We continue with our analysis of the iPad's environmental report. We decided to divide it to two more parts to make our analysis more readable, so today we'll discuss recycling, tomorrow we'll focus on materials and on Monday we'll finish with the social aspects of the iPad's manufacturing.
When it comes to recycling Apple's efforts include three important parts: 1. Apple minimize waste in the first place through "ultra-efficient design and use of highly recyclable materials". 2. Apple "offers and participates in various product take-back and recycling programs in 95 percent of the regions where Apple products are sold." 3. "All products are processed in the country or region in which they are collected." The question of course is whether it's enough to get consumers to actually recycle their iPad once the day when they wouldn't like to use it anymore arrive.
So let's look at the data Apple provides on its recycling programs on its website:
Apple has instituted recycling programs in 95 percent of the countries where our products are sold, diverting more than 83 million pounds of equipment from landfills since 1994. In 2008, Apple recycled 33 million pounds of electronic waste, achieving a worldwide recycling rate of 41.9 percent — our best ever. (To calculate this rate, we use a measurement proposed by Dell that assumes a seven-year product lifetime. The weight of the materials we recycle each year is compared to the total weight of the products Apple sold seven years earlier.) We are committed to achieving an industry-leading recycling rate of 50 percent by 2010. [Apple went up from 38 percent in 2007 and 18 percent in 2006].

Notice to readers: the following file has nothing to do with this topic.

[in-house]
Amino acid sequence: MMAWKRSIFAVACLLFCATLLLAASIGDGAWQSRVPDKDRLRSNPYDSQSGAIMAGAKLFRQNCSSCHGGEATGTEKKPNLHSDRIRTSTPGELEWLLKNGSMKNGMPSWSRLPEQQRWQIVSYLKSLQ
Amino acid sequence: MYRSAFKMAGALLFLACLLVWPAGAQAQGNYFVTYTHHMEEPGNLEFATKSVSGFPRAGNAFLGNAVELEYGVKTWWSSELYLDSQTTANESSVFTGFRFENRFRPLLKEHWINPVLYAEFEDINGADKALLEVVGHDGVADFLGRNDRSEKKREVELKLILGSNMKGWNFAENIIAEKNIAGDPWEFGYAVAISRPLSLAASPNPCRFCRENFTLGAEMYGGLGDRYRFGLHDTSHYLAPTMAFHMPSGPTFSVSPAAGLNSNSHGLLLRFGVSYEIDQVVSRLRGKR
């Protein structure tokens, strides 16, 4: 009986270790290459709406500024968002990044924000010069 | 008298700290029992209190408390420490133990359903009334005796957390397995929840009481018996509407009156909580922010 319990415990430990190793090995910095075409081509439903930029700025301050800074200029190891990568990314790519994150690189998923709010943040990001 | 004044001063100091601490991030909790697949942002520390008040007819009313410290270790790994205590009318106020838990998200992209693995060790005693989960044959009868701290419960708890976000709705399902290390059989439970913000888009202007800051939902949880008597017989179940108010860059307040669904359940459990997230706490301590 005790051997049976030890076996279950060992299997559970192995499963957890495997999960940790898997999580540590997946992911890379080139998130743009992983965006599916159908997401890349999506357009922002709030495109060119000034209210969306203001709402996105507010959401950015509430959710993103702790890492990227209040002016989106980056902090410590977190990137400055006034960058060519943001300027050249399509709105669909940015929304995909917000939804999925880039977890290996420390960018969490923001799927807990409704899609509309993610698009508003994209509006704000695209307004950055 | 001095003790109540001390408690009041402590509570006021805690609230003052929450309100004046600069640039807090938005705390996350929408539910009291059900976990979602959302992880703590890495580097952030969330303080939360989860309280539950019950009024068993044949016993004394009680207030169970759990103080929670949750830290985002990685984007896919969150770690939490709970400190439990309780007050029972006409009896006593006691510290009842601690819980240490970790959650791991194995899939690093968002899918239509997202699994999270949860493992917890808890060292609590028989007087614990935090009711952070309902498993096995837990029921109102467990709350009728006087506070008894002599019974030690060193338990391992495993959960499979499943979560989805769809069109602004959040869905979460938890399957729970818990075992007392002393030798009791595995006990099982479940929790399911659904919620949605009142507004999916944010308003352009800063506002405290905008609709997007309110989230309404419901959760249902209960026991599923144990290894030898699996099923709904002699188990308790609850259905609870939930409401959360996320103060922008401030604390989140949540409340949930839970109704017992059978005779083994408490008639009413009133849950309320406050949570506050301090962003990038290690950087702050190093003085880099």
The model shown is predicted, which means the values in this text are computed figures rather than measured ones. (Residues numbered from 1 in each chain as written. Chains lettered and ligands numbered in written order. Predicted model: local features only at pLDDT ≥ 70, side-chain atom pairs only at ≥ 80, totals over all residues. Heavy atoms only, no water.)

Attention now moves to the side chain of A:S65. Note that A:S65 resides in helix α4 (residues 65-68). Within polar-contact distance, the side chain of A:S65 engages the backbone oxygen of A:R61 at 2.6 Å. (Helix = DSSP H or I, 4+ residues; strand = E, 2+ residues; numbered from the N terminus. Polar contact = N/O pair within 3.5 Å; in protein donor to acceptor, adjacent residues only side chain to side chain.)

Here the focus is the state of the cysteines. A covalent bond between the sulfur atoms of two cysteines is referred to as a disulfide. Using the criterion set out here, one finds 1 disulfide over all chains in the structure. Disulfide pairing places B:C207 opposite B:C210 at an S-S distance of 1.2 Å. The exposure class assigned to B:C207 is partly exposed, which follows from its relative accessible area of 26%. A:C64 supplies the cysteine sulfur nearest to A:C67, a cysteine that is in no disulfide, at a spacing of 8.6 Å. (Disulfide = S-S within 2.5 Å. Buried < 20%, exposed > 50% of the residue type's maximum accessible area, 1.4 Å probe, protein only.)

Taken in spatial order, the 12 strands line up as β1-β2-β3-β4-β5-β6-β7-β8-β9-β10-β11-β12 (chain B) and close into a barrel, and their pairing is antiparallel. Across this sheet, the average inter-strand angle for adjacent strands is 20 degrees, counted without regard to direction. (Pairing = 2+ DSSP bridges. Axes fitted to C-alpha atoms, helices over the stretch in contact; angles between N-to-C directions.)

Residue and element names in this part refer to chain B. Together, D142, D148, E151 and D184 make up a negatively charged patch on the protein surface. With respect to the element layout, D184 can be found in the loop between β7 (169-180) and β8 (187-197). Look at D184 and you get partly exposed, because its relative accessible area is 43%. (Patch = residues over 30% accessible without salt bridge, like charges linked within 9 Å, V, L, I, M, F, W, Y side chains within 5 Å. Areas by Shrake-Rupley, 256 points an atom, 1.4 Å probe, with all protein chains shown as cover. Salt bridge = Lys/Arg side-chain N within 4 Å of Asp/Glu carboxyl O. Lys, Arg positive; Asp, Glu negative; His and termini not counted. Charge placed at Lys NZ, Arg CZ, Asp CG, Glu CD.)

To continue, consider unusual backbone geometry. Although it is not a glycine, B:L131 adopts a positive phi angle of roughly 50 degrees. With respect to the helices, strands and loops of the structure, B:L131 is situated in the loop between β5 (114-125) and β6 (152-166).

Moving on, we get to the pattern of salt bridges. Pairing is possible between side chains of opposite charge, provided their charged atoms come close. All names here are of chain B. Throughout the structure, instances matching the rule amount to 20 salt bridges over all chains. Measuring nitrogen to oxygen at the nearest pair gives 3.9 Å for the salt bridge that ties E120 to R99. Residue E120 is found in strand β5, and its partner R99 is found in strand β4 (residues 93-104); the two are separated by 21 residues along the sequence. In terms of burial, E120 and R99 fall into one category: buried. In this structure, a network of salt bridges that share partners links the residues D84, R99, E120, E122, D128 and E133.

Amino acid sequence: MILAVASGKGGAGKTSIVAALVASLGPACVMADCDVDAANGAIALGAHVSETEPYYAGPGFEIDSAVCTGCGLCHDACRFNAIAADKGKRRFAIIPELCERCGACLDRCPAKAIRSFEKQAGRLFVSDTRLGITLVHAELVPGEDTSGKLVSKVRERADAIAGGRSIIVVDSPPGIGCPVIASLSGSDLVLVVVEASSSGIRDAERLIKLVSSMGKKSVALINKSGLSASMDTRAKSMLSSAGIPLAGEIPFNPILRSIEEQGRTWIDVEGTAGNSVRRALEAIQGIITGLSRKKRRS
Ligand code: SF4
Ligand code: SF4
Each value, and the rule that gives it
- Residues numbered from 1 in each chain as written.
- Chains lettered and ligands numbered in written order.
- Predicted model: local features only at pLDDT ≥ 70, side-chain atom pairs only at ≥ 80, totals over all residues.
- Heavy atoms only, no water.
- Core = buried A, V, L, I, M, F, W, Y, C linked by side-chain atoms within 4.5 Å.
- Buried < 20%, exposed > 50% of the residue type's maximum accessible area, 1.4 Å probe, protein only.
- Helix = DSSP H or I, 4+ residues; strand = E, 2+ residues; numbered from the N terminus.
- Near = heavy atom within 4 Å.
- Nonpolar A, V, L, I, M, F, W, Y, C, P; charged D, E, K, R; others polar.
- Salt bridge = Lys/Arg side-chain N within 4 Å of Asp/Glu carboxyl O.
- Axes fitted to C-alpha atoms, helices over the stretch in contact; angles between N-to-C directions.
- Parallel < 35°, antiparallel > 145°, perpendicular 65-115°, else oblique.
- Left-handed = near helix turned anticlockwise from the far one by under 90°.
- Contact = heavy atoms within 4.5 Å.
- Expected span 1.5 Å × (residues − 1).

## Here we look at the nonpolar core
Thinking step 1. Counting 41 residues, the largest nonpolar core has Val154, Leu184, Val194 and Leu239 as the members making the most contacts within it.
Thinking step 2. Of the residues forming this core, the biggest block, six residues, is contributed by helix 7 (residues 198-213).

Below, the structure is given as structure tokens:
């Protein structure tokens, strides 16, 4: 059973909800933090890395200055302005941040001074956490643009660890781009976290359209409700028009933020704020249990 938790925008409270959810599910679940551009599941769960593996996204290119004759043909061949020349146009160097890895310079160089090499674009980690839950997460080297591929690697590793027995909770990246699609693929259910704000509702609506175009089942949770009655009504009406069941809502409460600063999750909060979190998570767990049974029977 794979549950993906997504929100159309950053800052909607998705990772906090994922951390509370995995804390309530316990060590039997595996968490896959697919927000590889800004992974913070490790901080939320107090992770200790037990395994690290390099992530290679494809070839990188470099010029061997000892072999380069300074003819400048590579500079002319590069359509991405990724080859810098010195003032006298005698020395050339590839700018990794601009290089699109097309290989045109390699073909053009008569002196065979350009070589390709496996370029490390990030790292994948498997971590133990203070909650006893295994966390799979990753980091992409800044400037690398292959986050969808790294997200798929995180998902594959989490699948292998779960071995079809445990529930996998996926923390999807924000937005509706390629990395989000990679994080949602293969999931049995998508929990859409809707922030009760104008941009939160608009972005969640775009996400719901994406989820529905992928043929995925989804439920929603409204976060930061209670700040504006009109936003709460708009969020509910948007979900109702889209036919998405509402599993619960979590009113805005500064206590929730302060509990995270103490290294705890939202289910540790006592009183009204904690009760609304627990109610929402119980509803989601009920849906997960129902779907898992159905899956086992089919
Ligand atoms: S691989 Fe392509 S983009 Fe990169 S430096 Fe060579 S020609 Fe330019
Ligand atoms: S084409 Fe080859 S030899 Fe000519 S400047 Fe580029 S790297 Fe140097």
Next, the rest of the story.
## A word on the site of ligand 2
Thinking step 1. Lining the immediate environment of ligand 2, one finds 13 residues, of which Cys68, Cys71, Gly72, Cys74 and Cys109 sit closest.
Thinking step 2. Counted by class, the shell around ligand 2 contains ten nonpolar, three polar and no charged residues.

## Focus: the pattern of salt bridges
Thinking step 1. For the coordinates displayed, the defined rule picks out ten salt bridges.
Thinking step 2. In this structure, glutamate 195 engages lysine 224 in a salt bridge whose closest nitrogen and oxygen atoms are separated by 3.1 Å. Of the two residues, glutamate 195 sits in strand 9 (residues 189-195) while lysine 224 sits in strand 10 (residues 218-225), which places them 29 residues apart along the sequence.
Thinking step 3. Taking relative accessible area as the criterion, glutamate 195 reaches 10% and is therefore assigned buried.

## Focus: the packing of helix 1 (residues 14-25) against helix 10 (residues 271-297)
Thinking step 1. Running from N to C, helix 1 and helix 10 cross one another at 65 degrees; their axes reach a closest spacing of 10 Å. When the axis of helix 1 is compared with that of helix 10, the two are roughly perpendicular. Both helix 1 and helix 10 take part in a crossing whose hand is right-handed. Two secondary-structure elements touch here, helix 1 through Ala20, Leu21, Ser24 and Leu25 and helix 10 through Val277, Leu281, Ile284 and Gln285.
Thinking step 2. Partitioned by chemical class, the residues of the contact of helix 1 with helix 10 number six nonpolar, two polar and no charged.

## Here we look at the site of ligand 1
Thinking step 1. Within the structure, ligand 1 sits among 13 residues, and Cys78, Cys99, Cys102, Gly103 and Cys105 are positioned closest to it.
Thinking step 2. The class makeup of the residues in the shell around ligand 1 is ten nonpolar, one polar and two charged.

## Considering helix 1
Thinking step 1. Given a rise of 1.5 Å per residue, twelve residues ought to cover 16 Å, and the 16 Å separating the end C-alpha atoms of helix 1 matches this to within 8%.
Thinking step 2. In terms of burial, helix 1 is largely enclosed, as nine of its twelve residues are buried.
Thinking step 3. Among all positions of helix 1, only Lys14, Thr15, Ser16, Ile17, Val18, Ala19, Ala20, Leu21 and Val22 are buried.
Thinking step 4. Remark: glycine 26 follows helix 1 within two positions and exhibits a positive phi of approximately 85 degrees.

This data does not refer of course to the iPad (no one probably wants to recycle it yet..) but it gives us an indication on the levels of recycling we can expect. So is 40%-50% a good recycling rate? Well, if you look at the national figures it is.
According to a report of Electronics TakeBack Coalition, the recycling rate of computer products in the U.S. is 18% and for cell phones it's 10% (2007 figures). But is it enough? Not really. Just think about it - if iPad unit sales will reach 10 million in 2010 as Morgan Stanley analyst Katy Huberty predicts, then a recycling rate of even 50% will still generate 7.5 million pounds (or 3,400 metric tons) of electronic waste. And don't forget we're talking here just about waste generated just from a single year of consumption.
What Apple needs to do? Apparently the infrastructure is sufficient, but what might be even more important is to provide consumers with a good incentive to recycle their iPad. Currently for example if you recycle your iPod with Apple, you get 10% off a new one. I guess Apple will need to find a better incentive for iPad users if it really wants to get most of them to recycle their iPad and not just about half of them.
Parts on the analysis published so far:
Part 1 - the iPad's Carbon footprint
More resources on the e-Books vs. physical books environmental debate can be found on our website at www.ecolibris.net/ebooks.asp.
Raz @ Eco-Libris
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